In 1948, Keith wrote "In the seventh week, the rectum having reached the anal part of the cloacal membrane forms a new opening, the former opening into the cloaca becoming closed. But if this opening into the cloaca remains patent, its form fistula". [3]

Van der Putte (1986) suggested that interruption of the dorsal part of the cloacal membrane by an isolated defect can lead to the formation of fistula. [4]

Chaterji et al considered fistula to be congenital due to the anteior opening lying either sagitally or parasagittally, presentation immediately after birth, faeces seen at the vestibule for the first time during an episode of diarrhoea or constipation. Histological examination of the excised tracts usually do not reveal any evidence of inflammation. [5]

Vestibulo-anal pull through was performed in the lithotomy position with catheter in the bladder. A circumferential incision is made around the vestibular opening and stay sutures placed at the margins. The canal is dissected from the back of the vagina and the surrounding muscles until the rectum is reached. The fistula is freed, preserving the integrity of both the rectum and vagina. Anus is stretched with the help of stay sutures and fistula is delivered into the bowel inside out. Defect in rectum is closed in two layers and perineal body is reconstructed.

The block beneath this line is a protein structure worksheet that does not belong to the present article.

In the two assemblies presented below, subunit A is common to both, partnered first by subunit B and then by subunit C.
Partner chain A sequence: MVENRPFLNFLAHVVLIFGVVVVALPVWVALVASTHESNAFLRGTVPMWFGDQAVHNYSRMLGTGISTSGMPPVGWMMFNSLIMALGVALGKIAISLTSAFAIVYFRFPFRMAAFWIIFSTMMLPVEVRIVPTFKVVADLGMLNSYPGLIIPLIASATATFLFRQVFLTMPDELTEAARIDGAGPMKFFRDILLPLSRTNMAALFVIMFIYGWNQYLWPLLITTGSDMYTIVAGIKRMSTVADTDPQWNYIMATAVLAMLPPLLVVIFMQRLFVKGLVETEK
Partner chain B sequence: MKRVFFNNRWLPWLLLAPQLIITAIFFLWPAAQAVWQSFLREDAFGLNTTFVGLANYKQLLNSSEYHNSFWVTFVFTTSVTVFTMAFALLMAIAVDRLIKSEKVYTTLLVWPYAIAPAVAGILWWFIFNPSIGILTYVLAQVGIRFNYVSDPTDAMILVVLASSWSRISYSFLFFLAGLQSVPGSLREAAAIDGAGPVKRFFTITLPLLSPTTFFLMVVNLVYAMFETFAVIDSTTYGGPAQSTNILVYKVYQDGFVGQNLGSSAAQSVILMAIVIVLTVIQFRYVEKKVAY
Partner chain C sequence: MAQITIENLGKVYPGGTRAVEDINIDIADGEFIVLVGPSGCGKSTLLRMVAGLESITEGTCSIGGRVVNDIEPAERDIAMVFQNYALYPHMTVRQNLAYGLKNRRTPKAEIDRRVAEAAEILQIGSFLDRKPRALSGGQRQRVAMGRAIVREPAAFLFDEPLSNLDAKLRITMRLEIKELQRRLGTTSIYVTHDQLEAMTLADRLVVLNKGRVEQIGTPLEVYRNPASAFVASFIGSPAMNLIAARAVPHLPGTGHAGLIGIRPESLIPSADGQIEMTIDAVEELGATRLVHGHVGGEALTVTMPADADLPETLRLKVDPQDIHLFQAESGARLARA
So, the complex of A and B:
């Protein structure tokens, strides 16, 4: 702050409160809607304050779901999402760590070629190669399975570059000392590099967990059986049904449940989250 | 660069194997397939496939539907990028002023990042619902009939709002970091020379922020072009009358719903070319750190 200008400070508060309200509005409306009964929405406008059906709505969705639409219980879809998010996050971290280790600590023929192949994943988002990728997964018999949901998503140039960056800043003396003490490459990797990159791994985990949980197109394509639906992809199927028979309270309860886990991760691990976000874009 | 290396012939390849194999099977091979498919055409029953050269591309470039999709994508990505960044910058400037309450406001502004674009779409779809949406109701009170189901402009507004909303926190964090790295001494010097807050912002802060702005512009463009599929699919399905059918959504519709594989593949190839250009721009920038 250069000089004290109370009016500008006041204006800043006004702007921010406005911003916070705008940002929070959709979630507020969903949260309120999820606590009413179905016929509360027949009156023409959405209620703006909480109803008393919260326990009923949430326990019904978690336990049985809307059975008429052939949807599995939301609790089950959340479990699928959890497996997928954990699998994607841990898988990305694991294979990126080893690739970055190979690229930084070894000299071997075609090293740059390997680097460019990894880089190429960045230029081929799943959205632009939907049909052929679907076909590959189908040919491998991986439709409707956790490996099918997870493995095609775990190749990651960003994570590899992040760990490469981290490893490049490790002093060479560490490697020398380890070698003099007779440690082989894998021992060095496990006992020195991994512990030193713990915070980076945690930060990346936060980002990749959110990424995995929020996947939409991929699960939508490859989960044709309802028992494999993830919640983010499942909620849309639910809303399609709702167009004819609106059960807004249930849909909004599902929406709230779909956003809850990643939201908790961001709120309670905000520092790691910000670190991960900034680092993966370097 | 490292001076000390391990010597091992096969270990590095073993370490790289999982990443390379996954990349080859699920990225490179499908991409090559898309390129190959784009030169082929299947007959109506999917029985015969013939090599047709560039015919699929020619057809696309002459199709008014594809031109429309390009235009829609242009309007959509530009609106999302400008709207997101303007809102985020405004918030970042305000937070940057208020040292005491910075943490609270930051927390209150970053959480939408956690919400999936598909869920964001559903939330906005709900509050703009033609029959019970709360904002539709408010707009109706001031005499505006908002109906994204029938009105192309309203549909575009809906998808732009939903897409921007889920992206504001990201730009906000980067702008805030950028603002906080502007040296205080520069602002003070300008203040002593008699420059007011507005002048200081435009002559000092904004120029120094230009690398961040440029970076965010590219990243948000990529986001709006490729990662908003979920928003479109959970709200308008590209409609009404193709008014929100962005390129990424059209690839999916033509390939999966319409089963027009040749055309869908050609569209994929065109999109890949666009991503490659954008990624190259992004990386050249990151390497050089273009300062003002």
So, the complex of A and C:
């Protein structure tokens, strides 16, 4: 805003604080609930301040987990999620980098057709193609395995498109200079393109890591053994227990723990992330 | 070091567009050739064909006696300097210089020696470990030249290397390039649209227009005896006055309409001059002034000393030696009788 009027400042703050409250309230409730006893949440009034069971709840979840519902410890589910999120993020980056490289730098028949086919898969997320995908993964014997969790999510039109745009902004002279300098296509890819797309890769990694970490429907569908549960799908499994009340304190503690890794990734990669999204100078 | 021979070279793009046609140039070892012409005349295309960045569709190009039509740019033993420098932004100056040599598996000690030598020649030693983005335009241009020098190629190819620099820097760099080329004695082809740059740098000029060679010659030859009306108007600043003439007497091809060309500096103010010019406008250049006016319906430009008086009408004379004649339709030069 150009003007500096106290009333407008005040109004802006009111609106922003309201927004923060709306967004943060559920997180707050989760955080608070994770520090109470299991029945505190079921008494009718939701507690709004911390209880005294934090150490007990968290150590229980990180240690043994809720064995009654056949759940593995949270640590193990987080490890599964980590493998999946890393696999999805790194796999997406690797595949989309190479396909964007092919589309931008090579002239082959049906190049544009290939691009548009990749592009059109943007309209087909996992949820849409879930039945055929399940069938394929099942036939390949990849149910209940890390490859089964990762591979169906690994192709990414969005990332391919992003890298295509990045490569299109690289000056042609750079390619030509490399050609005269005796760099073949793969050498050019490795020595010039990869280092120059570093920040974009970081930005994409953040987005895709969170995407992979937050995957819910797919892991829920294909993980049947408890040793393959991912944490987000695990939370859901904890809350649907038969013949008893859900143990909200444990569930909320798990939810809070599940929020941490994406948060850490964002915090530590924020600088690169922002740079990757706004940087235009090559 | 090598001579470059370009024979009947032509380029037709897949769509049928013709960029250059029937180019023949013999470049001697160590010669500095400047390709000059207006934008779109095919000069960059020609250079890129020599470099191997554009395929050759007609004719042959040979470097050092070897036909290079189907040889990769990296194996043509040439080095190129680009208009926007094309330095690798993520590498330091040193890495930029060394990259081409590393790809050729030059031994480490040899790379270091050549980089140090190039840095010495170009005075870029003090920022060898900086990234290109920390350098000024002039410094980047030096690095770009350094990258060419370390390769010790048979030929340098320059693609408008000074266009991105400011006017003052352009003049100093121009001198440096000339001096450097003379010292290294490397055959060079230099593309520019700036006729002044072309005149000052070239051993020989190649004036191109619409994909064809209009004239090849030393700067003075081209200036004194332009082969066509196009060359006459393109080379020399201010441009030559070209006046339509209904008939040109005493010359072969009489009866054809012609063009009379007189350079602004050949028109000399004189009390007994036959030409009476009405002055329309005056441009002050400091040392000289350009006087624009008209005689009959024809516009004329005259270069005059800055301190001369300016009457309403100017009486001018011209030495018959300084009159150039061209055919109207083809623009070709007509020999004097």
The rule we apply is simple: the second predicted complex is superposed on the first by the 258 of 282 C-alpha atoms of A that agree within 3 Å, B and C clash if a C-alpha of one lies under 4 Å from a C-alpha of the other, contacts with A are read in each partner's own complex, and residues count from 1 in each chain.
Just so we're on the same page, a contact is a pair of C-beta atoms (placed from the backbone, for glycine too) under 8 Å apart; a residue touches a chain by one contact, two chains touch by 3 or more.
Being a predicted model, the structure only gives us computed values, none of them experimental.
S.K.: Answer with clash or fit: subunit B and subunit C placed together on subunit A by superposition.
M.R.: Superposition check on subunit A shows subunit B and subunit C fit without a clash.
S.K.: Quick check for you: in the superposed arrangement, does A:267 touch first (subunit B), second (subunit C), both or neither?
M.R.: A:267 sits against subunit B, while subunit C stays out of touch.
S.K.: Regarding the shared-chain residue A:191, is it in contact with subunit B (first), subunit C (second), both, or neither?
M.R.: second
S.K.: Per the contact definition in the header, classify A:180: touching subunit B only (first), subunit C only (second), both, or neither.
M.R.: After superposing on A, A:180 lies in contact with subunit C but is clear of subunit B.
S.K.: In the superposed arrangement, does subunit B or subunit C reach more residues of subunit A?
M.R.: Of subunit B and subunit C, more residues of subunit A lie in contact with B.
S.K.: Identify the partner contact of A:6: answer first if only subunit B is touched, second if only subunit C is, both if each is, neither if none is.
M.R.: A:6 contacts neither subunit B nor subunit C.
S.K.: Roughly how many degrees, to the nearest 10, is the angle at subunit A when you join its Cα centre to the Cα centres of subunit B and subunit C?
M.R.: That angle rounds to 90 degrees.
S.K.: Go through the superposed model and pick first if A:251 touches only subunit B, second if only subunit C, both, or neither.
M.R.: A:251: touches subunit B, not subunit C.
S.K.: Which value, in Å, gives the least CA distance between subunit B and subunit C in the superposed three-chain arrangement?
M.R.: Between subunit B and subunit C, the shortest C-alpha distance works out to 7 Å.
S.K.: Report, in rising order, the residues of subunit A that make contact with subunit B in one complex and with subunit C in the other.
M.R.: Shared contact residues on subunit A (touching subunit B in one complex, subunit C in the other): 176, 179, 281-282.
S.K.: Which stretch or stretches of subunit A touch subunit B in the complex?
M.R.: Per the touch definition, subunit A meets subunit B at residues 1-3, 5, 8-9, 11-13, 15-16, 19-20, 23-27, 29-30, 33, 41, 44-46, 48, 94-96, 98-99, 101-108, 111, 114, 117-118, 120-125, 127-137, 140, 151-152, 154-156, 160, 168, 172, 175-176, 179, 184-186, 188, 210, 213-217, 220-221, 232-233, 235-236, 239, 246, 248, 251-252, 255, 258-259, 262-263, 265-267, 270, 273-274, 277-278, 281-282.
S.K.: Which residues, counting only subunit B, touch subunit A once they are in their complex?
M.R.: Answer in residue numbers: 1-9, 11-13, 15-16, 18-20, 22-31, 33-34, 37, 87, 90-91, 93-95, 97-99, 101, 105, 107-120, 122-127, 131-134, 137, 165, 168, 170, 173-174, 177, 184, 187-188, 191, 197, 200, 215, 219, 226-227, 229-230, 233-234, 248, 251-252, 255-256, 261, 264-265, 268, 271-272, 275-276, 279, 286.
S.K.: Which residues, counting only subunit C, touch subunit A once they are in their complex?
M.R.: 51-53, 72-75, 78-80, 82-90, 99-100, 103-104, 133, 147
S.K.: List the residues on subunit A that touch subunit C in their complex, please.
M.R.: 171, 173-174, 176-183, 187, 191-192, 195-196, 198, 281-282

Complications can occur as local suppuration which is treated by antibiotics. Recurrence occurs if some part of tract is left behind. Infected tracts are primarily laid open and definitive management is done later on.


   Acknowledgements Top


I am indebted to my mentor, Dr. Pradnya Bendre, for her invaluable guidance and inspiration along every step of the work. She had been extremely understanding whenever there were some hardships and extended her whole-hearted support throughout the course of the research. I also thank Dr. Rajiv Redkar, Hon. Associate Professor, for being supportive of the project and giving initial information about the logistics and problems I might face during the project. I appreciate my parents and friends for their unwavering support.

 
   References Top

1.Bryndorf J, Madsen CM. Ectopic anus in the female. Acta Chir Scand 1960;118:466-78.  Back to cited text no. 1
[PUBMED]    
2.Chartterjee SK. Double termination of the alimentary tract: A second look. J Pediatr Surg 1980;15:623-7.  Back to cited text no. 2
    
3.Keith A. Human embryology and morphology. 6 th ed. London: Arnold co; 1948. p. 536.  Back to cited text no. 3
    
4.van der Putte SC. Normal and abnormal development of anorectum. J Pediatr Surg 1986;21:434-40.  Back to cited text no. 4
[PUBMED]  [FULLTEXT]  
5.Zhang J. Acquired rectoverstibular fistula. Chinese J Pediatr Surg 1984;5:35.  Back to cited text no. 5
    

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Correspondence Address:
Sandeep Hambarde
Room No 110, RMO Quarters, B J Wadia Children Hospital, Parel, Mumbai - 400 012
India
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Source of Support: None, Conflict of Interest: None


DOI: 10.4103/0189-6725.79075